Encouraging open source could land you in trouble

From Andrés Guadamuz:

Just when I am feeling like some people in the copyright industry are getting their act together, there are news that make me rethink my patient and measured approach to the issue of global intellectual property. The International Intellectual Property Alliance (IIPA) has submitted this year’s Special 301 recommendation list to the United States Trade Representative. For those unfamiliar with this figure, the Special 301 status is the biggest stick in the USTR arsenal, it is the equivalent of being placed in the trading naughty list. One of the most infamous features of the list is that it allows various industry organisations to submit their recommendations on who should be named and shamed this year.

I am neither surprised nor upset by the addition of Costa Rica to the list, to be fair our enforcement is atrocious. Similarly, I am not surprised by most of the other recommendations, which seems like a rehash of past offenders. What I found rather surprising is that the IIPA seems to be using their Special 301 submission to attack open source software. According to Digital Copyright Canada, several countries are being included in the Special 301 watchlist because they have open source-friendly policies, or in their words, the IIPA would rather people “pirate” than switch to legal competitors.

This is quite a claim, so I have been going through the reports to verify it myself. The country reports for Brazil, India, Philippines, Vietnam and Thailand certainly contain some comments about open source software. Particularly, the IIPA seems to be concerned that these countries have enacted or are in the process of enacting legislation that will make it obligatory for public entities to choose open source software over its proprietary counterparts. I have to admit that I somewhat share the IIPA’s concerns in this regard. I have never believed in open source procurement legislation, I think that forcing institutions to use a specific technical solution is wrong. Open source is an organic, bottom-up movement, and making it state policy seems not only counter-productive, but contrary to the very same principles of openness. Open source should not be imposed, it should win on its own merits.

Nonetheless, the country report for Indonesia is a different matter altogether. The IIPA comments:

“The government of Indonesia, under its Ministry of Administrative Reform (MenPAN), officially sent to all central and provincial government offices, including state-owned enterprises in Indonesia, Circular Letter No. 1 of 2009 issued on March 30, 2009, endorsing the use and adoption of open source software within government organizations. More specifically, the MenPAN letter, concerning the “Utilization of Legal Software and Open Source Software (OSS),” encourages government agencies to use “FOSS” (Free Open Source Software) with a view toward implementation by the end of 2011, which the Circular states will result in the use of legitimate open source and FOSS software and a reduction in overall costs of software.”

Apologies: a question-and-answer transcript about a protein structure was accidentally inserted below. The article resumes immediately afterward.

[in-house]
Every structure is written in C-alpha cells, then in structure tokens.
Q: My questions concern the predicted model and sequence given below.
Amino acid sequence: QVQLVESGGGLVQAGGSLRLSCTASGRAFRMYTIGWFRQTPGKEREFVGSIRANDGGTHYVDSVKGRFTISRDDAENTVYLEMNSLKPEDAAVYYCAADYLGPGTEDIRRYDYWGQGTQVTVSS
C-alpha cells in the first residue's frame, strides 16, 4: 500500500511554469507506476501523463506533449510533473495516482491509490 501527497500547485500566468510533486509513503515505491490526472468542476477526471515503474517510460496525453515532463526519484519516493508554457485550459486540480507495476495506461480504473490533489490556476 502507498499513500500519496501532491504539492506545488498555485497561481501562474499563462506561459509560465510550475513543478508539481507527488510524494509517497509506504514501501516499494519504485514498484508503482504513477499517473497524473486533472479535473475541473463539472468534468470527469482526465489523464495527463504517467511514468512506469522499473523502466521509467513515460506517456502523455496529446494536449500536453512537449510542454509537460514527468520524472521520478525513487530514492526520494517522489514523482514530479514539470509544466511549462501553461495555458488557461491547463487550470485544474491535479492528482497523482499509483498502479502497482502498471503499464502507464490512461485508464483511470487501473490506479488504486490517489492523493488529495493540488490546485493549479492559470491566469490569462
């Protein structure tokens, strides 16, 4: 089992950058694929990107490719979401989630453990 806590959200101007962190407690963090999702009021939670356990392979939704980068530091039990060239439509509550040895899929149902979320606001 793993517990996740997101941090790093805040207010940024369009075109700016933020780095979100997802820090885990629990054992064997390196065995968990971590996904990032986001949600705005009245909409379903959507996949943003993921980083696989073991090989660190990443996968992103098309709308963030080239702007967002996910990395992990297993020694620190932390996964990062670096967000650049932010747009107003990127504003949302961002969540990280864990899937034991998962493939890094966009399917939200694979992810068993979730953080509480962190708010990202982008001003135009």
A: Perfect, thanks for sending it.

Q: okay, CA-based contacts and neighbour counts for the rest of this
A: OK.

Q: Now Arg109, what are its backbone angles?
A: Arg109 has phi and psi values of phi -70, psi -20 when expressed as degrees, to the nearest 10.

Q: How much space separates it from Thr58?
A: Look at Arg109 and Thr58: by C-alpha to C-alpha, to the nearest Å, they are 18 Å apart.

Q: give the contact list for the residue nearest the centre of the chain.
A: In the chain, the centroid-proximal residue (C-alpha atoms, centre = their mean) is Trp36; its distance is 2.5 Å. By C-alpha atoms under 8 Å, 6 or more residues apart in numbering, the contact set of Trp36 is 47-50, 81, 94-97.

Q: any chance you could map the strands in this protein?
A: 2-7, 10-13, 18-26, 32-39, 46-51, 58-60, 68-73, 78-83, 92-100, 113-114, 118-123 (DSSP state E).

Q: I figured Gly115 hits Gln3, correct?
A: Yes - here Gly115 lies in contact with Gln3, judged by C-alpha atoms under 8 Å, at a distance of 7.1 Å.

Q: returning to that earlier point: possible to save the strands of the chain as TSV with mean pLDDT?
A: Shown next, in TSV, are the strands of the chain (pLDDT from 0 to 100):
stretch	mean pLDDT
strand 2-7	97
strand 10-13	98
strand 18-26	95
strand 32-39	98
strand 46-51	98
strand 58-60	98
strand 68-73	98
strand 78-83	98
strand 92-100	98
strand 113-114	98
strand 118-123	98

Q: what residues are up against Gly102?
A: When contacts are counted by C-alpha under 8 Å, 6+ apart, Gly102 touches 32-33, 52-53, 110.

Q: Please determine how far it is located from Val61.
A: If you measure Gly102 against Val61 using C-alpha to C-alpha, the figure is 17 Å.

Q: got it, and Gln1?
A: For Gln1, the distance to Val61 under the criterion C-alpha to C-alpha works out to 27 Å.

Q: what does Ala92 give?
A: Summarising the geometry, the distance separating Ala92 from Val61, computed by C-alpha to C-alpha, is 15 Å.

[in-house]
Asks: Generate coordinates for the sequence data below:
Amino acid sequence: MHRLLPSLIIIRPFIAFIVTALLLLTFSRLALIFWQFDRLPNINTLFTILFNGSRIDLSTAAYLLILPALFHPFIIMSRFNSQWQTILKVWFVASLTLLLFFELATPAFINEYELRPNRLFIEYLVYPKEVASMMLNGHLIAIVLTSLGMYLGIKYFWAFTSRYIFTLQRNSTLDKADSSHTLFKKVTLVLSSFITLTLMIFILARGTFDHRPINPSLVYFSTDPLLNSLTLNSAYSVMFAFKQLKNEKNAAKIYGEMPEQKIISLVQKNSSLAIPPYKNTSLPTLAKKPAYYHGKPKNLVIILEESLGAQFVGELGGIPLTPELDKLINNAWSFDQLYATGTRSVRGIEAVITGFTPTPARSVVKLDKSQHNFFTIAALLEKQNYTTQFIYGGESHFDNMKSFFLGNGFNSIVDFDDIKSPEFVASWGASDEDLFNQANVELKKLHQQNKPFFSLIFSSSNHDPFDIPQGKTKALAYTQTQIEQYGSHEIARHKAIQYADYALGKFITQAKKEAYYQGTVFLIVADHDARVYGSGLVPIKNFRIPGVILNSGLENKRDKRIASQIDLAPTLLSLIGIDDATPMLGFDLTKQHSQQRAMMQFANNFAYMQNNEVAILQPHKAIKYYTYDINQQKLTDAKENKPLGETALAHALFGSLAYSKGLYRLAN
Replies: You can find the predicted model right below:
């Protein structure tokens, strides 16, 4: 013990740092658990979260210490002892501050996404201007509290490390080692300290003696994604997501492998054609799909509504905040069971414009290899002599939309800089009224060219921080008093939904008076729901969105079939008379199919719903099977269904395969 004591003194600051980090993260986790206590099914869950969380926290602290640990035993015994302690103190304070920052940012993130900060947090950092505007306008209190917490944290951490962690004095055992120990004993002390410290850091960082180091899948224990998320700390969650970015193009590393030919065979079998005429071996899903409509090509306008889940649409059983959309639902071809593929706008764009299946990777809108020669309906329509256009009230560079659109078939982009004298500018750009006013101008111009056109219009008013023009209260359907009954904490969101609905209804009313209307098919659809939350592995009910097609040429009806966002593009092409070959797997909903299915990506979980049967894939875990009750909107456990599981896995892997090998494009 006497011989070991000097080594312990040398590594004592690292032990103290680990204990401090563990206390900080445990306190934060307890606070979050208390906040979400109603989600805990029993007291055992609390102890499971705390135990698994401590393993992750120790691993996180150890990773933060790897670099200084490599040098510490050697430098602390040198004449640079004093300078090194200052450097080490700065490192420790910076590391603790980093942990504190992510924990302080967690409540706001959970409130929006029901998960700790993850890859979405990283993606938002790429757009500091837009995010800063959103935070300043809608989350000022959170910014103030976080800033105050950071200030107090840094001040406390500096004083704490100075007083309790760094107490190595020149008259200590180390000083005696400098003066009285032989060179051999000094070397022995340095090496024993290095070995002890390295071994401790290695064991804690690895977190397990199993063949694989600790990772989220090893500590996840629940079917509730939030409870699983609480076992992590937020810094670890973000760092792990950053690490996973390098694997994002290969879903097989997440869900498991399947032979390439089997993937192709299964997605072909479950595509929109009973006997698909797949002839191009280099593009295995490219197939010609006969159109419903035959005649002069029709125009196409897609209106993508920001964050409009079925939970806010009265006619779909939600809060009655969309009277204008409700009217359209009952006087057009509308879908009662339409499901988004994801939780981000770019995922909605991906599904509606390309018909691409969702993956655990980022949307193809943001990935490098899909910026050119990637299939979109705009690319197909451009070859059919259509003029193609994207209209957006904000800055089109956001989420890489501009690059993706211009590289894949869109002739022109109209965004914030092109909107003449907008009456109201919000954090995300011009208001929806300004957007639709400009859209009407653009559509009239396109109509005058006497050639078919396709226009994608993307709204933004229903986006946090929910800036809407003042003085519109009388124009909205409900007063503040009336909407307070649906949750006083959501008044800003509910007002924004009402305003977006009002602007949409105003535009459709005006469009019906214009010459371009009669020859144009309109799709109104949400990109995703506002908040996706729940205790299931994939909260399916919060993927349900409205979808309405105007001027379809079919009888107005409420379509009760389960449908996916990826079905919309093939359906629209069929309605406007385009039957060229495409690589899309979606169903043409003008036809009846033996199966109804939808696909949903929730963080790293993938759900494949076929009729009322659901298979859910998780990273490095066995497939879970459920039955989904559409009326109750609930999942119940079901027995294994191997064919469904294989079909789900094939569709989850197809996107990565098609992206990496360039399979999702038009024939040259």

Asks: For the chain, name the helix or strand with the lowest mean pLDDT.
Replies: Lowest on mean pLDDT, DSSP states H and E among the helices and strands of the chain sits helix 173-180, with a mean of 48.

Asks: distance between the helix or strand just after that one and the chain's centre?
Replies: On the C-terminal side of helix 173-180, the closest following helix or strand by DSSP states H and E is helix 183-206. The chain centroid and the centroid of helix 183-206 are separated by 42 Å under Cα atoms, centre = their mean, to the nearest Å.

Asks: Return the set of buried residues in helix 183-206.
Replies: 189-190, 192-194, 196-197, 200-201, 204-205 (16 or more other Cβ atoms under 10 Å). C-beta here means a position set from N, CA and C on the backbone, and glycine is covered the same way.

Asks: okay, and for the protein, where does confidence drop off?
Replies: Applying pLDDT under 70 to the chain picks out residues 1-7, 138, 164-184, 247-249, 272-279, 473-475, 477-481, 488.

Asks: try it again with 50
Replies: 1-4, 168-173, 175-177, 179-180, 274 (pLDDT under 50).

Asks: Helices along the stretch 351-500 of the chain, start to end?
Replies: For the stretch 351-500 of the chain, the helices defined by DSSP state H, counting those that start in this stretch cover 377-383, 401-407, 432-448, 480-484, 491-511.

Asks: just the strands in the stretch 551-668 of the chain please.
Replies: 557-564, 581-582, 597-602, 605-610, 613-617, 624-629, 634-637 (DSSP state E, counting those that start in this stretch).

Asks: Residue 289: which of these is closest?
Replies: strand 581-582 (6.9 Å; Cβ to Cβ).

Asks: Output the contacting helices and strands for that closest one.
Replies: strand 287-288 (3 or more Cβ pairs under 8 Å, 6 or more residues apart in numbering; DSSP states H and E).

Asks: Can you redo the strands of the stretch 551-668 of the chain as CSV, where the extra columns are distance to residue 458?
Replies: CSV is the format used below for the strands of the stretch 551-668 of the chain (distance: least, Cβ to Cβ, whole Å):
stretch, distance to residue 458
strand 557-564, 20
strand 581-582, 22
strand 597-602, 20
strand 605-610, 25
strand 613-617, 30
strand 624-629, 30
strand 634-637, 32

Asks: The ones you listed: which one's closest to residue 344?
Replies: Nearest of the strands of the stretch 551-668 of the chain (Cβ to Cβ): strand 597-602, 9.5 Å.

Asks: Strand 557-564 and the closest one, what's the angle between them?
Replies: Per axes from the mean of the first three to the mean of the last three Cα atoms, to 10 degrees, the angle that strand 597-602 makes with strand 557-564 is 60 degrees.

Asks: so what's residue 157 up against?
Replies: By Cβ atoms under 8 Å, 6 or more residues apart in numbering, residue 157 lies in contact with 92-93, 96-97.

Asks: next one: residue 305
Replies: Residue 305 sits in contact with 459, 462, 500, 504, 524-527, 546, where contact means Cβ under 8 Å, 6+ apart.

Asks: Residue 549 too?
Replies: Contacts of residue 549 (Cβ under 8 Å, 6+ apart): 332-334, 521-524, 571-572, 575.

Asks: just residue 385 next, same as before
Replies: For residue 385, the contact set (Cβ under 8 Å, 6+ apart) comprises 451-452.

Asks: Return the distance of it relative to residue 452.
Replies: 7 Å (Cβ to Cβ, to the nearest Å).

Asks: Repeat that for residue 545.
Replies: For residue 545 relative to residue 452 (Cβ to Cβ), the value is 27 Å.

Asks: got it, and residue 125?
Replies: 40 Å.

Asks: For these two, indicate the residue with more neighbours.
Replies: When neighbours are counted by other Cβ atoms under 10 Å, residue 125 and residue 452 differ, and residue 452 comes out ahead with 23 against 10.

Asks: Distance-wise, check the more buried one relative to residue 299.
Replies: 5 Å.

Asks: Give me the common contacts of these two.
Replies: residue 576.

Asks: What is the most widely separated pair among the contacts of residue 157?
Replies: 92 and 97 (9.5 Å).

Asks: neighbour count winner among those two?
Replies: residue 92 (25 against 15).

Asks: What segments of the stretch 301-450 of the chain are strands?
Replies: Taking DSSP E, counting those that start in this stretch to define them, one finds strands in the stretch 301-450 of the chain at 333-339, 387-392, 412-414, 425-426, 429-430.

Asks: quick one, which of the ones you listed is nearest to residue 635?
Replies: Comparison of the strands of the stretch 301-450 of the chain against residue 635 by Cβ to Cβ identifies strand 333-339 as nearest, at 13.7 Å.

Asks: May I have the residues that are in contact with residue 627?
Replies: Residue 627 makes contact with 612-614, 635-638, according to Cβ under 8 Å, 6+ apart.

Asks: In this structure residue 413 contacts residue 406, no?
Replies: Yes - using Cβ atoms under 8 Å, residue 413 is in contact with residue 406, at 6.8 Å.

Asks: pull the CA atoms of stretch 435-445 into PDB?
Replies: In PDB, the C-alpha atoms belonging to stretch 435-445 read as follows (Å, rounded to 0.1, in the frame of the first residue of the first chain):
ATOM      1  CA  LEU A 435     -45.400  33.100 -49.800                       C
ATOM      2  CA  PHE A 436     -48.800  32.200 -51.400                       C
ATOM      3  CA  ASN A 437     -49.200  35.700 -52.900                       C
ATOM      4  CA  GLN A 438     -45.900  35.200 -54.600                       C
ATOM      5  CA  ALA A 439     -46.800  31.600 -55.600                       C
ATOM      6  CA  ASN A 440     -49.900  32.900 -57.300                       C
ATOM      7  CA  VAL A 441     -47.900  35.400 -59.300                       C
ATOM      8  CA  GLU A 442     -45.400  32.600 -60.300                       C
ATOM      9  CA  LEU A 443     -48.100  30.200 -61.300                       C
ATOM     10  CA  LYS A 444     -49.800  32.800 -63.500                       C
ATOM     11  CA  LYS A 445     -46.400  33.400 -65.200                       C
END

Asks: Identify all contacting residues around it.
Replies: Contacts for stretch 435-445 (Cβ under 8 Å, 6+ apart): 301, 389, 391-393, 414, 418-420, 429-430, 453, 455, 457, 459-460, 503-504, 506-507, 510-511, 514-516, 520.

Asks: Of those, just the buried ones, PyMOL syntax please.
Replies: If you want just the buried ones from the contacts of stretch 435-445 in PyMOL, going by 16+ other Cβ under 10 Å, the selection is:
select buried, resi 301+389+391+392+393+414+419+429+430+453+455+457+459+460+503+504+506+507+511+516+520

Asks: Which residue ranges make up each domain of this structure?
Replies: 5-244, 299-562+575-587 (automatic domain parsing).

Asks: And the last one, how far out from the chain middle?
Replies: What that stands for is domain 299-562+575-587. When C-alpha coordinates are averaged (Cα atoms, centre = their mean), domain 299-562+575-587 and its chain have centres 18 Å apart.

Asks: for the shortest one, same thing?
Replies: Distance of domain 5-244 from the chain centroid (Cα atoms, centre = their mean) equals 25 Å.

Wait a second, this is not making any imposition, it is making a recommendation that the adoption of open source software will decrease piracy and reduce costs. This surely is a good thing? Not according to the IIPA, they equate promotion and endorsement with anti-competitive practices that will stifle market entry by proprietary software. The IIPS explains why this is not a good thing:

“While IIPA has no issue with one of the stated goals of the circular, namely, “reducing software copyright violation,” the Indonesian government’s policy as indicated in the circular letter instead simply weakens the software industry and undermines its long-term competitiveness by creating an artificial preference for companies offering open source software and related services, even as it denies many legitimate companies access to the government market. Rather than fostering a system that will allow users to benefit from the best solution available in the market, irrespective of the development model, it encourages a mindset that does not give due consideration to the value to intellectual creations. As such, it fails to build respect for intellectual property rights and also limits the ability of government or public-sector customers (e.g., State-owned enterprise) to choose the best solutions to meet the needs of their organizations and the Indonesian people. It also amounts to a significant market access barrier for the software industry.”

So, reducing costs and piracy translates into denying companies access to the market and affects innovation. Read here, Microsoft and others will have to compete with Open Office. I am baffledby the mindset that believes encouraging public institutions to use legitimate and free open source software solutions “does not give due consideration to the value to intellectual creations”. Chew on that phrase for a moment. Open source software has no value because it is free, so anything that encourages open source has the opposite effect, namely, it “fails to build respect for intellectual property rights”.

It is nice to know where the IIPA stands. Only commercial intellectual property is worthy of protection, everything else is as bad as piracy.

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